Sunday September 30, 2012
Tudor tour de force
Review by MARTIN SPICE
This is the work of a writer at the height of her powers.
Bring Up The Bodies
Author: Hilary Mantel
Publisher: Fourth Estate, 432 pages
WHEN Hilary Mantel started out on her project to write a book about the Tudor-era British statesman Thomas Cromwell, she little thought that it would develop into a trilogy.
Speaking at the Hay Festival in June in Britain (an annual literary and arts event), she explained, “When I got a little over half way through Wolf Hall, I saw – not gradually, but in a flash of insight – that one book would not tell this story. The battle for England’s soul was underway.” And then when writing Bring Up the Bodies, “I made another sudden and alarming discovery ... I had in fact written a second book and with the arrest of Anne (Boleyn) it was almost complete”.
And so a single novel became a trilogy, the first part of which, Wolf Hall, won the Booker Prize in 2009 and the second, Bring Up The Bodies is tipped by some to achieve an unprecedented double this year.
You could say that the British are obsessed with the Tudors and those turbulent years between 1509 and 1547 when Henry VIII married six times and divorced England from Rome and papal authority, declaring himself head of the Church of England. This is one of those periods of British history that has been endlessly taught in schools and continues to be picked over by historians. But the fascination clearly does not end with Britain’s shores, as the recent and very successful American, Golden Globe-nominated TV series The Tudors clearly shows. The fascination is understandable: there is nothing that the history of the Tudors does not have – politics, sex, violence, bloodshed, intrigue, high drama and political in-fighting – so it’s a heaven-made script.
Mantel’s take on all this is distinctly different from the very unsubtle (but, I must confess, gripping and highly entertaining) TV series. Her focus is on Thomas Cromwell, a man to whom history has not been kind yet one of the clearest examples of a self-made man we have from this period. Born into poverty and violence, he became, first under the guidance of Cardinal Wolsey and then on his own merits, the most powerful man in England, charged with the break from Rome, the dissolution of the monasteries and the downfall of Anne Boleyn, Henry’s second wife. If, as I say, history has been unkind to Cromwell it is in part because the famous portrait of him by the German painter Holbein makes him look “like a murderer”. But then he was. In a sense.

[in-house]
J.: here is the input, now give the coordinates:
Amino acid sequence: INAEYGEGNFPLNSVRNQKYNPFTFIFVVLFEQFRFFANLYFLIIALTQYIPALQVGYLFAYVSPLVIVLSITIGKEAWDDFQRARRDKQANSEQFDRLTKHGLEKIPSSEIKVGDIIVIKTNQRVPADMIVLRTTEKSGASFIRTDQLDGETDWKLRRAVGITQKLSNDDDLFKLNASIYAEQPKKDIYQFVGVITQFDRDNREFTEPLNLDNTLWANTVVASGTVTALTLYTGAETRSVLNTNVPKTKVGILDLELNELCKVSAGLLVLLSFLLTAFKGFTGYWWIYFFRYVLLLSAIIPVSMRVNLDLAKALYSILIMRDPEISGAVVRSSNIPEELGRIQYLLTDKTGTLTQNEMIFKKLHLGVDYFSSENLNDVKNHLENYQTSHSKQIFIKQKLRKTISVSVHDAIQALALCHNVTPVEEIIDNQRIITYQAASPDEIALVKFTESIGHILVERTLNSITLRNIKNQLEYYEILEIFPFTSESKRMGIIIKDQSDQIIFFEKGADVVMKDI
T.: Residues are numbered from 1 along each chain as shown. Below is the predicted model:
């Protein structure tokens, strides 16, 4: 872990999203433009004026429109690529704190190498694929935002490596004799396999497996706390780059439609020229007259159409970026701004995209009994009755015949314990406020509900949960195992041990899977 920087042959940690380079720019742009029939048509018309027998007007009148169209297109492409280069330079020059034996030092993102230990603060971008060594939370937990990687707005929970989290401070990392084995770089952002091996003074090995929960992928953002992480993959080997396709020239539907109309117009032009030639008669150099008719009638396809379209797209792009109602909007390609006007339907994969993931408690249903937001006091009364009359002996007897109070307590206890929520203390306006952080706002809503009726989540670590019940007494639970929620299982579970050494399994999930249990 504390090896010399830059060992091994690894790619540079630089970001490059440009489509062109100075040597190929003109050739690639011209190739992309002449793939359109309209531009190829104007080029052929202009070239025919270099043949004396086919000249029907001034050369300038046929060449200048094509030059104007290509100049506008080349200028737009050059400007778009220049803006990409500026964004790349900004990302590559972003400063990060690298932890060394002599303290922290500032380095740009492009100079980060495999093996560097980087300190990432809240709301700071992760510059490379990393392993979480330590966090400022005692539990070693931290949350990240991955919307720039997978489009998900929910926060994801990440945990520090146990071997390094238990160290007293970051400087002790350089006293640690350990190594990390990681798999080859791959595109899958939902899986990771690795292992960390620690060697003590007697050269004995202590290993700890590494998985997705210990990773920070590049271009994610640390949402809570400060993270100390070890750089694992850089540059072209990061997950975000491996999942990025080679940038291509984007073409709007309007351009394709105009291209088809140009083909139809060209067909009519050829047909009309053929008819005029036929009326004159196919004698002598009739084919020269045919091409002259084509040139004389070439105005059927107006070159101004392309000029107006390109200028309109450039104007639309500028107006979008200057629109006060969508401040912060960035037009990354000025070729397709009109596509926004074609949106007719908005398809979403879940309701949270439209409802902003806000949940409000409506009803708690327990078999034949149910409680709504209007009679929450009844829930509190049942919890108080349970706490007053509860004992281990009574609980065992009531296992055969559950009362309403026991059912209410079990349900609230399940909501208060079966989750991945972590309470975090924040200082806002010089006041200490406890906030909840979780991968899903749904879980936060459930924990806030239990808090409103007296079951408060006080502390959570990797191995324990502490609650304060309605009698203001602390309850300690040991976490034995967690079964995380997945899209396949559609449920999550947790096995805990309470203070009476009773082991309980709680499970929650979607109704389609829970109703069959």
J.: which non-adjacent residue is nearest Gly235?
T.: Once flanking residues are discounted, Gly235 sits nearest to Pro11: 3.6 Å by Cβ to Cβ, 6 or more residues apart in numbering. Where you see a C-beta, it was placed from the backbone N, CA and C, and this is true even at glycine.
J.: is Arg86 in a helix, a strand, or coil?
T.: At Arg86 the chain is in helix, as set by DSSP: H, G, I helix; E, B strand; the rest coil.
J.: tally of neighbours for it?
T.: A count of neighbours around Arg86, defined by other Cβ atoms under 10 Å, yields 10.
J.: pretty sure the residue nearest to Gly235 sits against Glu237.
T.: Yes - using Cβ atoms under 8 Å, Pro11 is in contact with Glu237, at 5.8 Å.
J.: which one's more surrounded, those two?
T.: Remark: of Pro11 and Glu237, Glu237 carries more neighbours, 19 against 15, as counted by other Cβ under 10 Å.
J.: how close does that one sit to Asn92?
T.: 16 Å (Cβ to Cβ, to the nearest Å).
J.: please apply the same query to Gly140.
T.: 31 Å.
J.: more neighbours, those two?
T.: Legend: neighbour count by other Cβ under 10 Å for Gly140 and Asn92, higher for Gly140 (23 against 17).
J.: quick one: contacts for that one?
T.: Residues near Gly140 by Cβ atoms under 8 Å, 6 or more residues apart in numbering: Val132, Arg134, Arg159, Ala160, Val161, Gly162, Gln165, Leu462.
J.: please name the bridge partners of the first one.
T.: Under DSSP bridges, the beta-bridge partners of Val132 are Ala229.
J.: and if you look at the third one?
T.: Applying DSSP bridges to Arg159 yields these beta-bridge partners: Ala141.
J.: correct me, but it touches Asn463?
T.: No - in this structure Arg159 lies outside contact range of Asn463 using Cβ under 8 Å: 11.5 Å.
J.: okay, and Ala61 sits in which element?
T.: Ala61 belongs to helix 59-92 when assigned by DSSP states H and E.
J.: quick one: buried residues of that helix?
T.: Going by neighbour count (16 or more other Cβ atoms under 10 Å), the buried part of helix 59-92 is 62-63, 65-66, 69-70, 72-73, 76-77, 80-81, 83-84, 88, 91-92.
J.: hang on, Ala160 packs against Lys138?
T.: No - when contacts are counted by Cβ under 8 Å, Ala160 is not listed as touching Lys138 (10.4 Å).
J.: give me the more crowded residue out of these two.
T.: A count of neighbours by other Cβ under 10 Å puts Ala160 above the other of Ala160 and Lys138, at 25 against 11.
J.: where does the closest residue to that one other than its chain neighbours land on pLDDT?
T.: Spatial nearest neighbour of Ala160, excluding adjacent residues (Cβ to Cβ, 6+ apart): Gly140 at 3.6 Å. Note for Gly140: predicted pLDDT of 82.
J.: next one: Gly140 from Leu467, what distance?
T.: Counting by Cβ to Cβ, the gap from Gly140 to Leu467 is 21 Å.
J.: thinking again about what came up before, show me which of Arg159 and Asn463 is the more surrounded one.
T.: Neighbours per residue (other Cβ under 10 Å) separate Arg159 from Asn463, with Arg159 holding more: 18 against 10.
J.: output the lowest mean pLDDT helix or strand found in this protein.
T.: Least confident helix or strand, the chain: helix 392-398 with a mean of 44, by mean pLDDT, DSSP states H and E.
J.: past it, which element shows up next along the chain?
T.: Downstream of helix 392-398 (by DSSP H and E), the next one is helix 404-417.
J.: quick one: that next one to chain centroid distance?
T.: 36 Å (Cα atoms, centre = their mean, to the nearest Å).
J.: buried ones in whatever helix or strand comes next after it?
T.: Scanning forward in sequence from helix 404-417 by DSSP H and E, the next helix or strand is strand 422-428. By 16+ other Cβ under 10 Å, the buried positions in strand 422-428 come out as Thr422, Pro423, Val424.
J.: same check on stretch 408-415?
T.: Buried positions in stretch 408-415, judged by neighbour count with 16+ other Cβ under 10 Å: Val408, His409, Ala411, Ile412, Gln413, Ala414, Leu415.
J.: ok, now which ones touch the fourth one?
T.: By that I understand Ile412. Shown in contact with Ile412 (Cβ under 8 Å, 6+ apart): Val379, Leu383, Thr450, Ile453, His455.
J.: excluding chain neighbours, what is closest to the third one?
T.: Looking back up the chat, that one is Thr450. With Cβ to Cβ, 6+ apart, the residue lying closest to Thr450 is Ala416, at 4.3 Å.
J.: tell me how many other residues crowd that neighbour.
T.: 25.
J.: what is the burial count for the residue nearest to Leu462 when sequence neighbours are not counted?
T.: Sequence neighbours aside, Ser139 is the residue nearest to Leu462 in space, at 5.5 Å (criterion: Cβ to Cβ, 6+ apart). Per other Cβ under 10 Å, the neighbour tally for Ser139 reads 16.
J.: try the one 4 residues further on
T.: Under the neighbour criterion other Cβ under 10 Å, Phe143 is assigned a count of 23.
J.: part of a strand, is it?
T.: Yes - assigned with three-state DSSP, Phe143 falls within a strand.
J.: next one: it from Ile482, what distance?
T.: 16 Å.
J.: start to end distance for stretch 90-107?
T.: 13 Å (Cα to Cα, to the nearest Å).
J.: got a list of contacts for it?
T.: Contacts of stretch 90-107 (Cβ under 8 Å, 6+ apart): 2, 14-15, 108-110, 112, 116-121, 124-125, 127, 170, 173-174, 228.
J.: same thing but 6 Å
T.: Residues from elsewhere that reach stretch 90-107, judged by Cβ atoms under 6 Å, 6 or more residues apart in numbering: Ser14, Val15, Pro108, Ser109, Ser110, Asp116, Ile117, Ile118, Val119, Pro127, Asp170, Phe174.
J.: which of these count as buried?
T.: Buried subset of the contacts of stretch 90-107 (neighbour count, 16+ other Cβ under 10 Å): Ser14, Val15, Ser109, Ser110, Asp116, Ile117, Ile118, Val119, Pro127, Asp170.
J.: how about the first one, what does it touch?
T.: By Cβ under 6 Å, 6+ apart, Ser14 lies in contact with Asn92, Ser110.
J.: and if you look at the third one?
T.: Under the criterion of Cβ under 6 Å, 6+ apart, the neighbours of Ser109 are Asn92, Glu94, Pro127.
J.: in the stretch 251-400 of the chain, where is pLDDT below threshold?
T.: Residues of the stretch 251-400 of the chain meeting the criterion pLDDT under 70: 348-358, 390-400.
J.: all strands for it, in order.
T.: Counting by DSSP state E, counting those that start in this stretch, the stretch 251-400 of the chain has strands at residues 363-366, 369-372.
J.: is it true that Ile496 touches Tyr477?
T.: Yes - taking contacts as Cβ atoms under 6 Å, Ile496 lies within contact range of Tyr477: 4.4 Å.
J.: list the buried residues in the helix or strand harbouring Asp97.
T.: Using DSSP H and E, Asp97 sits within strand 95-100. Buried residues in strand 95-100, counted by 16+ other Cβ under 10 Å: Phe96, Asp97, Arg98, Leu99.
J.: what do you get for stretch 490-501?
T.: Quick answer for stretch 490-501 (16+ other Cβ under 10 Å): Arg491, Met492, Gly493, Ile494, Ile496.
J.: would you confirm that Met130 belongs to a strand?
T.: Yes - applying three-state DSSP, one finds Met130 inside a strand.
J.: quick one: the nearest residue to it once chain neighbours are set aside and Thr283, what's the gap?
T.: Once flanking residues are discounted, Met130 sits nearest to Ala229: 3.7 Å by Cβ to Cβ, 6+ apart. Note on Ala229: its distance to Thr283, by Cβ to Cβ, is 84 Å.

It is this “in a sense” that makes him, and Mantel’s depiction of him, fascinating. The truth, of course, is complex and largely unknowable. Her Cromwell is by turns brutal, devious, loyal and tender. His purpose in life is to serve the king and what the king wants is neither pleasant nor often wise. But Cromwell is his servant and if he is not to meet the same fate as his much loved master, Cardinal Wolsey (who was, historically, accused of treason just before he died), he will deliver what the king wants whether he is inclined that way or not. Man of conviction or of expedience? Both.
We are similarly confused about Anne Boleyn. Accused of high treason, adultery and incest, she was beheaded with a single stroke of a sword in the French manner. Was she guilty as charged? In an author’s note, Mantel warns us: “The evidence is complex and sometimes contradictory; the sources are often dubious, tainted and after-the-fact. There is no official transcript of her trial and we can reconstruct her last days only in fragments, with the help of contemporaries who may be inaccurate, biased, forgetful, elsewhere at the time or hiding under a pseudonym.” But whatever the truth, we know she was executed, and with her died five men, none of whom were Cromwell’s friends.
Bring Up The Bodies is beautifully written. Mantel has long been an admired writer and in this magnum opus of Thomas Cromwell she has clearly found her world. A small example: Thinking of his dead wife and daughter, Mantel has him blur the two in his mind – “This is what death does to you, it takes and takes, so that all that is left of your memories is a faint tracing of spilled ash.” Time and again I was impressed by the precision and the eloquence of Mantel’s prose. This is the work of a writer at the height of her powers.
There is, of course, a mass of historical material to handle and my only reservation about this fine book is that at times the reader (and perhaps the author?) becomes bogged down in extraneous details. Historians will, of course, quibble with her interpretation, suggesting that Mantel’s revisionist view of a national villain defies the facts. But “I am making the reader a proposal, an offer,” she writes, an offer about how these events may have looked through Cromwell’s eyes.
And her own view of her protagonist? “Sometimes people ask me what I think now of Thomas Cromwell. Nothing is the answer. I don’t think anything. He is a work in progress. I am not in the habit of writing character references for people I only half know ... I am not claiming that my picture of him has the force of truth. I know it is one line in a line of representations, one more copy of a copy. All I can offer is a suggestion.”
It is a formidable one.